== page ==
My donkey died last month (no, really). He was nearly thirty, which is about their life span, and he went very quickly. In the morning, Marcus was eating his hay breakfast with this buddy Olivia, and our two goofy goats, then by late afternoon, he was laying down at an odd angle (which isn’t typical) and looked dead. But he was still barely breathing.
By the time the vet got to our house, Marcus was staring vacantly, and she realized that he was a goner. She went to her truck to get the medicine to put him to permanent sleep, but in that short time, he had died. He gave one last breath while I sat next him, and was gone. We buried him in the dark. Mercifully, it had stopped raining that day during our very wet winter, but the mud and muck remained and we sloshed through it to his grave site.
My family said their last words to our donkey as he lay lifeless in a five-foot hole (tractors are a tool to be grateful for). Both of my kids were upset. Both of our donkeys have been around since before my kids were born. Marcus was a constant presence, even if it was in a pasture braying for his breakfast. He was always around, following his lady, Olivia, in a humdrum kind of fashion. A.A. Milne wrote Eeyore well because both that donkey and Marcus shared many characteristics.
I was sad about it all, especially the speed at which he went down. Could I have done something more? I wondered. Were there warning signs that I didn’t notice? These were my thoughts that night and the next day.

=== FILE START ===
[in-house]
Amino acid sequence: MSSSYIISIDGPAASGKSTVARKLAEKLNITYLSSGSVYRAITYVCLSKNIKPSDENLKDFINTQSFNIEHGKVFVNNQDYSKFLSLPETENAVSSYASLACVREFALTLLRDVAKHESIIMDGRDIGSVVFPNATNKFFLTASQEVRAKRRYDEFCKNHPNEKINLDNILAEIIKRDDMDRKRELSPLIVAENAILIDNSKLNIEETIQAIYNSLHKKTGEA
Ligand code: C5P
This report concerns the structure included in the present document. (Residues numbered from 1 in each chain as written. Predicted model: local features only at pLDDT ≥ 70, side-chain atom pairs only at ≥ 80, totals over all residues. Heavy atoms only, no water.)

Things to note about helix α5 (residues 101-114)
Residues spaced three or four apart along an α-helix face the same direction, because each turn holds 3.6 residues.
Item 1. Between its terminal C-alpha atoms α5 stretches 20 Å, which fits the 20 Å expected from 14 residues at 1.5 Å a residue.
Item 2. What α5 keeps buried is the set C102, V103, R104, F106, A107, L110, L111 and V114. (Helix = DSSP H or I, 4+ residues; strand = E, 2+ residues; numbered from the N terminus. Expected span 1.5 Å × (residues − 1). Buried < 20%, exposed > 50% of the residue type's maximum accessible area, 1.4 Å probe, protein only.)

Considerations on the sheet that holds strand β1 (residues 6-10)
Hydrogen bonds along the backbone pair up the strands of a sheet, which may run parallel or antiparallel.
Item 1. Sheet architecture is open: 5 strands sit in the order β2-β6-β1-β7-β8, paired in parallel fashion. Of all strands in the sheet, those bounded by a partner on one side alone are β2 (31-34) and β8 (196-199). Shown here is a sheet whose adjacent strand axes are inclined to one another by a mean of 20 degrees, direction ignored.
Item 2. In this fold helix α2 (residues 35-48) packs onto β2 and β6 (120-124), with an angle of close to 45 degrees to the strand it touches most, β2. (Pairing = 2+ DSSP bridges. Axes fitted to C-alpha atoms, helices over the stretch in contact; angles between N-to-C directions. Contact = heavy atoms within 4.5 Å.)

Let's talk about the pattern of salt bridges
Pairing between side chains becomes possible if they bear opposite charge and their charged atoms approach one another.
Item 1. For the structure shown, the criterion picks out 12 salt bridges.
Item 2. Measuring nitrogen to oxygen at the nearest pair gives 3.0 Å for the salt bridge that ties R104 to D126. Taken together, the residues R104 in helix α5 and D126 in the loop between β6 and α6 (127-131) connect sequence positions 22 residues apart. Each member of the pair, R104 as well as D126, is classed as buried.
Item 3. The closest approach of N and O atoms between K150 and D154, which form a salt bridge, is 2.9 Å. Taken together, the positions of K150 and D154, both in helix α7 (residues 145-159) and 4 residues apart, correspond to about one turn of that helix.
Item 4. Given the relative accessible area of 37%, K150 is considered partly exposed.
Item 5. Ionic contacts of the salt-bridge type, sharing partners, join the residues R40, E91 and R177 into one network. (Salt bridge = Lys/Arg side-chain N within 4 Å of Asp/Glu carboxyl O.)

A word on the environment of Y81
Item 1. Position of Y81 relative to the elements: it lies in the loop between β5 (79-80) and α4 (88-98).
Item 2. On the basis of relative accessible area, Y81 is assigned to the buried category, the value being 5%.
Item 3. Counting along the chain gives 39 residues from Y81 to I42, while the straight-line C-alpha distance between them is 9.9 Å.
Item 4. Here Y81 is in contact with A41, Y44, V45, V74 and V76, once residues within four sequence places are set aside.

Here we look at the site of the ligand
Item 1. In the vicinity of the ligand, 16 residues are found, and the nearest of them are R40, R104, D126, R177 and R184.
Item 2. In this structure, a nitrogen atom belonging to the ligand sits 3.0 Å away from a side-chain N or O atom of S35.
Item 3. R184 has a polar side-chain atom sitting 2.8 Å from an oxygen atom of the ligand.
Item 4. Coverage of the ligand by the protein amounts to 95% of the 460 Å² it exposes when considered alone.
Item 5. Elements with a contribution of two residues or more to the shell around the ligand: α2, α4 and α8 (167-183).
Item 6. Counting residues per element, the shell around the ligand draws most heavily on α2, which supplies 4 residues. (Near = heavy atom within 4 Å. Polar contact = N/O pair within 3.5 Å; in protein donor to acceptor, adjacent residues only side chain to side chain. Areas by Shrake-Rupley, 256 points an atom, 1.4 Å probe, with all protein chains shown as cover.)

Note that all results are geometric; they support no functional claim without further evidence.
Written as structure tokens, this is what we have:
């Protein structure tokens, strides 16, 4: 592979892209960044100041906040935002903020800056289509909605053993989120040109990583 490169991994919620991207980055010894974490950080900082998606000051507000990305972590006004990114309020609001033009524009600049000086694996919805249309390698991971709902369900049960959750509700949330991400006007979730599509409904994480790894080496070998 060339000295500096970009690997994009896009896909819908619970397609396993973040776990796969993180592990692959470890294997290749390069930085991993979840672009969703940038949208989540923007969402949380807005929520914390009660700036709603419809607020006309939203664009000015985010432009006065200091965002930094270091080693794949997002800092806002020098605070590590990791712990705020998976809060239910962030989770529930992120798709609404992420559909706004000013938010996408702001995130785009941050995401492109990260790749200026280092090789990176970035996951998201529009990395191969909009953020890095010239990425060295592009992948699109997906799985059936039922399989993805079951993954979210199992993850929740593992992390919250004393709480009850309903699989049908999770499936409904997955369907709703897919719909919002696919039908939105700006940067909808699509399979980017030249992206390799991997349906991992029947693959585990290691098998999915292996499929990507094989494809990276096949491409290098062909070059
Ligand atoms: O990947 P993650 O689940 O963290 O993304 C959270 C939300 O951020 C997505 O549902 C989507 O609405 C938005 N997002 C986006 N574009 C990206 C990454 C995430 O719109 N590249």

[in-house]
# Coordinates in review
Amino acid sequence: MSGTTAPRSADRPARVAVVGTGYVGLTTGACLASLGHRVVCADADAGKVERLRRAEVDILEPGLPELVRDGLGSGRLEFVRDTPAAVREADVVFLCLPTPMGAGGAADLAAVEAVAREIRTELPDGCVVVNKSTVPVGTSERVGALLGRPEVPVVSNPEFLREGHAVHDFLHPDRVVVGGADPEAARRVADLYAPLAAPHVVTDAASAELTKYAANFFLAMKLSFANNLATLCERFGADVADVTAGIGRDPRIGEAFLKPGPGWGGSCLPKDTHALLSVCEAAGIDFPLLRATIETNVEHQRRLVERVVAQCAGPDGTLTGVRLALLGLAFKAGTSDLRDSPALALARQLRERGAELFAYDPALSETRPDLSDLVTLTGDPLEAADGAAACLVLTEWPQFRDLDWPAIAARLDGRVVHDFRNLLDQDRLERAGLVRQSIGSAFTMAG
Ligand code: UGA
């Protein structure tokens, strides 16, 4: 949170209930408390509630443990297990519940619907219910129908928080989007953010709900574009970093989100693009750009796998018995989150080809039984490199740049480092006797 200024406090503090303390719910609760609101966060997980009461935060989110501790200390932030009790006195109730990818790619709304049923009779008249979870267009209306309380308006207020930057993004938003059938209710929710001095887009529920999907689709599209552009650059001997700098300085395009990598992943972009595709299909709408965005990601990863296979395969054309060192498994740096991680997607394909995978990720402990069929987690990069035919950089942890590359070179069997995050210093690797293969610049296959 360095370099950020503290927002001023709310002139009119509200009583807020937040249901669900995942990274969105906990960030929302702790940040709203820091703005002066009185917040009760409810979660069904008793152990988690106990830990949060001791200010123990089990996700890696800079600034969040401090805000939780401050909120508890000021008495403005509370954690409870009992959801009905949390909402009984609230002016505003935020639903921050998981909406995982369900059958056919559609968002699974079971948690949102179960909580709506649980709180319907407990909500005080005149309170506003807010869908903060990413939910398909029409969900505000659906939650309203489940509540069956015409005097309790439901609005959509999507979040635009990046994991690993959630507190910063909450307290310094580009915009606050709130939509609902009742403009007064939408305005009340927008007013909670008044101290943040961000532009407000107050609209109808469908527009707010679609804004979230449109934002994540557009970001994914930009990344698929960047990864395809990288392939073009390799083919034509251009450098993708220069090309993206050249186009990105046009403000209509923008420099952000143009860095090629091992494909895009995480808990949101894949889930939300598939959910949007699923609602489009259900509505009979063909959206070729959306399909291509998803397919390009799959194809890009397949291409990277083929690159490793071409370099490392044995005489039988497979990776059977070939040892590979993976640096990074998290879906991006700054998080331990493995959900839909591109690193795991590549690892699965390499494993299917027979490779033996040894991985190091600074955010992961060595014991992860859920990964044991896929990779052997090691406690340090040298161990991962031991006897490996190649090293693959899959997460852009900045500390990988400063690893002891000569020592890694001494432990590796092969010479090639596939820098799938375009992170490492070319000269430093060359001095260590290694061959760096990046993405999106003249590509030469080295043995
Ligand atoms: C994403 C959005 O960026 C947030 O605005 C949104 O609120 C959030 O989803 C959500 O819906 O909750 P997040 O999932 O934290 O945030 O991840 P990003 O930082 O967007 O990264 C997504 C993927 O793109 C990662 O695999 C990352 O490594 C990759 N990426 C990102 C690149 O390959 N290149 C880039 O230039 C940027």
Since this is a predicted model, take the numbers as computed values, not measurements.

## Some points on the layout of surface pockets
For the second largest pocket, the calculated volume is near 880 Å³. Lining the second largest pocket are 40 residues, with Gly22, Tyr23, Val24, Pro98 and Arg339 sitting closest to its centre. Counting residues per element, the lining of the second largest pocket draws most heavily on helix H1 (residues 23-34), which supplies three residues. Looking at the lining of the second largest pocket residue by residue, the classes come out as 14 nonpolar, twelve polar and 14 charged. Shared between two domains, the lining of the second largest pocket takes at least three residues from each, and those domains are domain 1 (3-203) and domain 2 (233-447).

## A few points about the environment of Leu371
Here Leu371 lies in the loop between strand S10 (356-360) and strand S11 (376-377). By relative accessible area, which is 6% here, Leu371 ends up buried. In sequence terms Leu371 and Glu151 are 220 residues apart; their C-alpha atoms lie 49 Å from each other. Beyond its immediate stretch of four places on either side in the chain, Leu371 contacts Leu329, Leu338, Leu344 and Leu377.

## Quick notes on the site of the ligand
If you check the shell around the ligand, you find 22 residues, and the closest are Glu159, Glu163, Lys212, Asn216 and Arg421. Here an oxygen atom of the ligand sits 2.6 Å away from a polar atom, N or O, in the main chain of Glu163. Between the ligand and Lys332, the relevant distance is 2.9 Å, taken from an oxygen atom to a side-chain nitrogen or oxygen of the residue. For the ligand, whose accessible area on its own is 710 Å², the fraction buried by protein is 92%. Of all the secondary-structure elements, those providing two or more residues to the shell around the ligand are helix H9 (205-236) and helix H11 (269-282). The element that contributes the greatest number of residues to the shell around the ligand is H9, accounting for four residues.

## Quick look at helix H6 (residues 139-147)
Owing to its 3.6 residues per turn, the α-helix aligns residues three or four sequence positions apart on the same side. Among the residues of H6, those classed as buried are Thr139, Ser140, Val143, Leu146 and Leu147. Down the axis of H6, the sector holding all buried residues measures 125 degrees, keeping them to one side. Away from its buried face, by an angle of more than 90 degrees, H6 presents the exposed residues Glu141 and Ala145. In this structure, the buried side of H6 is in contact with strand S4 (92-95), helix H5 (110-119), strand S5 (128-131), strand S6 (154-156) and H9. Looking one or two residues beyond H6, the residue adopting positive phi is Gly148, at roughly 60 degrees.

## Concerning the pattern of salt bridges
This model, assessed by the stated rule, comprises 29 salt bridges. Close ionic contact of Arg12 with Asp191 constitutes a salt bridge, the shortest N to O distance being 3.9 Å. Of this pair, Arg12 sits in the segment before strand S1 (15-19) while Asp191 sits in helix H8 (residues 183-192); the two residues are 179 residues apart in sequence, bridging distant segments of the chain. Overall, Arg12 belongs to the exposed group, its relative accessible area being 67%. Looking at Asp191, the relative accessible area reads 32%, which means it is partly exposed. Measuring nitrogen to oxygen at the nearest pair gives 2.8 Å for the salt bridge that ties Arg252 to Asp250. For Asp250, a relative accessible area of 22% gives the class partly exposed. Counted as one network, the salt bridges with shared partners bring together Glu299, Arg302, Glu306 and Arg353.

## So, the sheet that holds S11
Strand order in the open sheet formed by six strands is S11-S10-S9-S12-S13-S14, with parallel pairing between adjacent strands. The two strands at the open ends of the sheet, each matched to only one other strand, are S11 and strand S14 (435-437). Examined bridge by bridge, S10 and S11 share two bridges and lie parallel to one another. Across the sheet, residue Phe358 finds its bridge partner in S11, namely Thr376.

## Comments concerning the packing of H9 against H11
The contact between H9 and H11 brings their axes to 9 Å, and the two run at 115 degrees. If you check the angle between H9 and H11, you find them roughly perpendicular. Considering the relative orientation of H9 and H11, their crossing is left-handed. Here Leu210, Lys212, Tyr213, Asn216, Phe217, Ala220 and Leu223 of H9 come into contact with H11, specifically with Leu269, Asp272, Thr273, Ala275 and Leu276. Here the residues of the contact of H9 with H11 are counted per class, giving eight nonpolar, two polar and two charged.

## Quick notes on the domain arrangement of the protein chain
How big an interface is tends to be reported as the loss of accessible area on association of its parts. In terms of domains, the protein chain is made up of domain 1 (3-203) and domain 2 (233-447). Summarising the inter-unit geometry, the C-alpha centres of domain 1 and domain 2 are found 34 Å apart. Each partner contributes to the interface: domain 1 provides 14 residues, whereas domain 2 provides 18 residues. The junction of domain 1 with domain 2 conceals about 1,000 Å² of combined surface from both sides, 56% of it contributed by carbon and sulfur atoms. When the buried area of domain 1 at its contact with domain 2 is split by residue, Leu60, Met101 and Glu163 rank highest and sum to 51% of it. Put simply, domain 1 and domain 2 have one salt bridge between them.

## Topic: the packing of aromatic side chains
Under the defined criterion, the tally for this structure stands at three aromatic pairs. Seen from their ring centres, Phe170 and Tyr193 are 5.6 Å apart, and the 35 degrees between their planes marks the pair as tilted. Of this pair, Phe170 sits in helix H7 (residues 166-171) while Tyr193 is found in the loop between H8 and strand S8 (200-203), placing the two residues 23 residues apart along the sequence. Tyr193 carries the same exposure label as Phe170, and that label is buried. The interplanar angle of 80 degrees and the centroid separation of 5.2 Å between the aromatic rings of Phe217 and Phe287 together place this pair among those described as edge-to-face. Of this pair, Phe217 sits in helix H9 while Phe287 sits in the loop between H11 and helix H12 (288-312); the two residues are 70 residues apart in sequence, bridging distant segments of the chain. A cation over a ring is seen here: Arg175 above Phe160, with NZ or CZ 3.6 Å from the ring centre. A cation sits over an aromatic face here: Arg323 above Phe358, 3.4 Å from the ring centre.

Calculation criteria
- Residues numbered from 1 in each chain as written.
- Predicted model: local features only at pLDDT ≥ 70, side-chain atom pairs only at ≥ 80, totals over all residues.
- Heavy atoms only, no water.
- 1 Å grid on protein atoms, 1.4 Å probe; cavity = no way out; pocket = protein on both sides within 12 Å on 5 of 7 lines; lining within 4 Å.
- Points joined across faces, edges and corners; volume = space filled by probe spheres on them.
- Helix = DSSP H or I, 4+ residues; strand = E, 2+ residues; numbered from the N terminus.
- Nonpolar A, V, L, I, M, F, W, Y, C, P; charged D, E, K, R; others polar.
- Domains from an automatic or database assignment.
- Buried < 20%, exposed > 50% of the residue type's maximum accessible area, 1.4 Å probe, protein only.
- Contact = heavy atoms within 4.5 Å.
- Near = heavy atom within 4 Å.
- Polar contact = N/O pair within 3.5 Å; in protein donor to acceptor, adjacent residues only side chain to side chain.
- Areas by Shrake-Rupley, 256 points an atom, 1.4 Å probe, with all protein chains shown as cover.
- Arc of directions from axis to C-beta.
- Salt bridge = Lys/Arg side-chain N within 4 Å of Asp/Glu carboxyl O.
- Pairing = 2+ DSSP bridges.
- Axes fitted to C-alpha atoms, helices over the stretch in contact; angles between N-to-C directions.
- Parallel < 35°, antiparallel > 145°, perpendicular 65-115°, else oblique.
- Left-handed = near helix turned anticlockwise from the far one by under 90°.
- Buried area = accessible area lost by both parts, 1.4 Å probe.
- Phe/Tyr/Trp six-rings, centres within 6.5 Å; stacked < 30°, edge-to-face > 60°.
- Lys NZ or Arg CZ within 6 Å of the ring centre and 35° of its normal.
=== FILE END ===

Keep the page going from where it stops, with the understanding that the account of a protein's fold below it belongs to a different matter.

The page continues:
Then, by the third day, I cried. And cried, and cried some more. I questioned why I was getting so upset over a donkey? I mean, I liked this donkey. He was a good donkey, as far as donkeys go, but I didn’t have a special bond with him like people do with their horses. I told my best friend the news who put it all into place. “You’ve had him since you moved there,” she said. “It’s like the end of something.” Aha! She was right. It was the end of the something – the end of the beginning.
We moved out to the country almost fourteen years ago. We got Marcus and Olivia soon after that as adoptees. They were there at “the beginning.” It was when we decided to move from Southern California after only living there for a couple years (we didn’t care for it there), when we decided that we wanted “some land” (and five acres was a lot to us, suburbanites), it was the beginning of a new phase of a newly married couple’s life.
It’s funny how time can pass so quickly once you live in a place you love, how having children accelerates time, and how you don’t notice that all of us are aging – human, dog, donkey, it’s all going by so fast, you don’t take note. With Marcus suddenly dying, and me realizing that he had reached his actual lifespan, I had to accept that it was officially “the end of the beginning,” and I cracked.
Like the death of any pet or person, the end of one’s career, the milestone of a graduation, they are all endings to beginnings. “The end of an era,” my dad always says. It certainly was with Marcus. But with the end of things comes the paradox of a new beginning.
So, though I do mourn the death of my donkey and the beginning he represented, I know this means the beginning of something new. Possibly a place with only one donkey to bray at us in the morning, or maybe welcoming a new donkey into the family.
R.I.P. Marcus – we will miss you.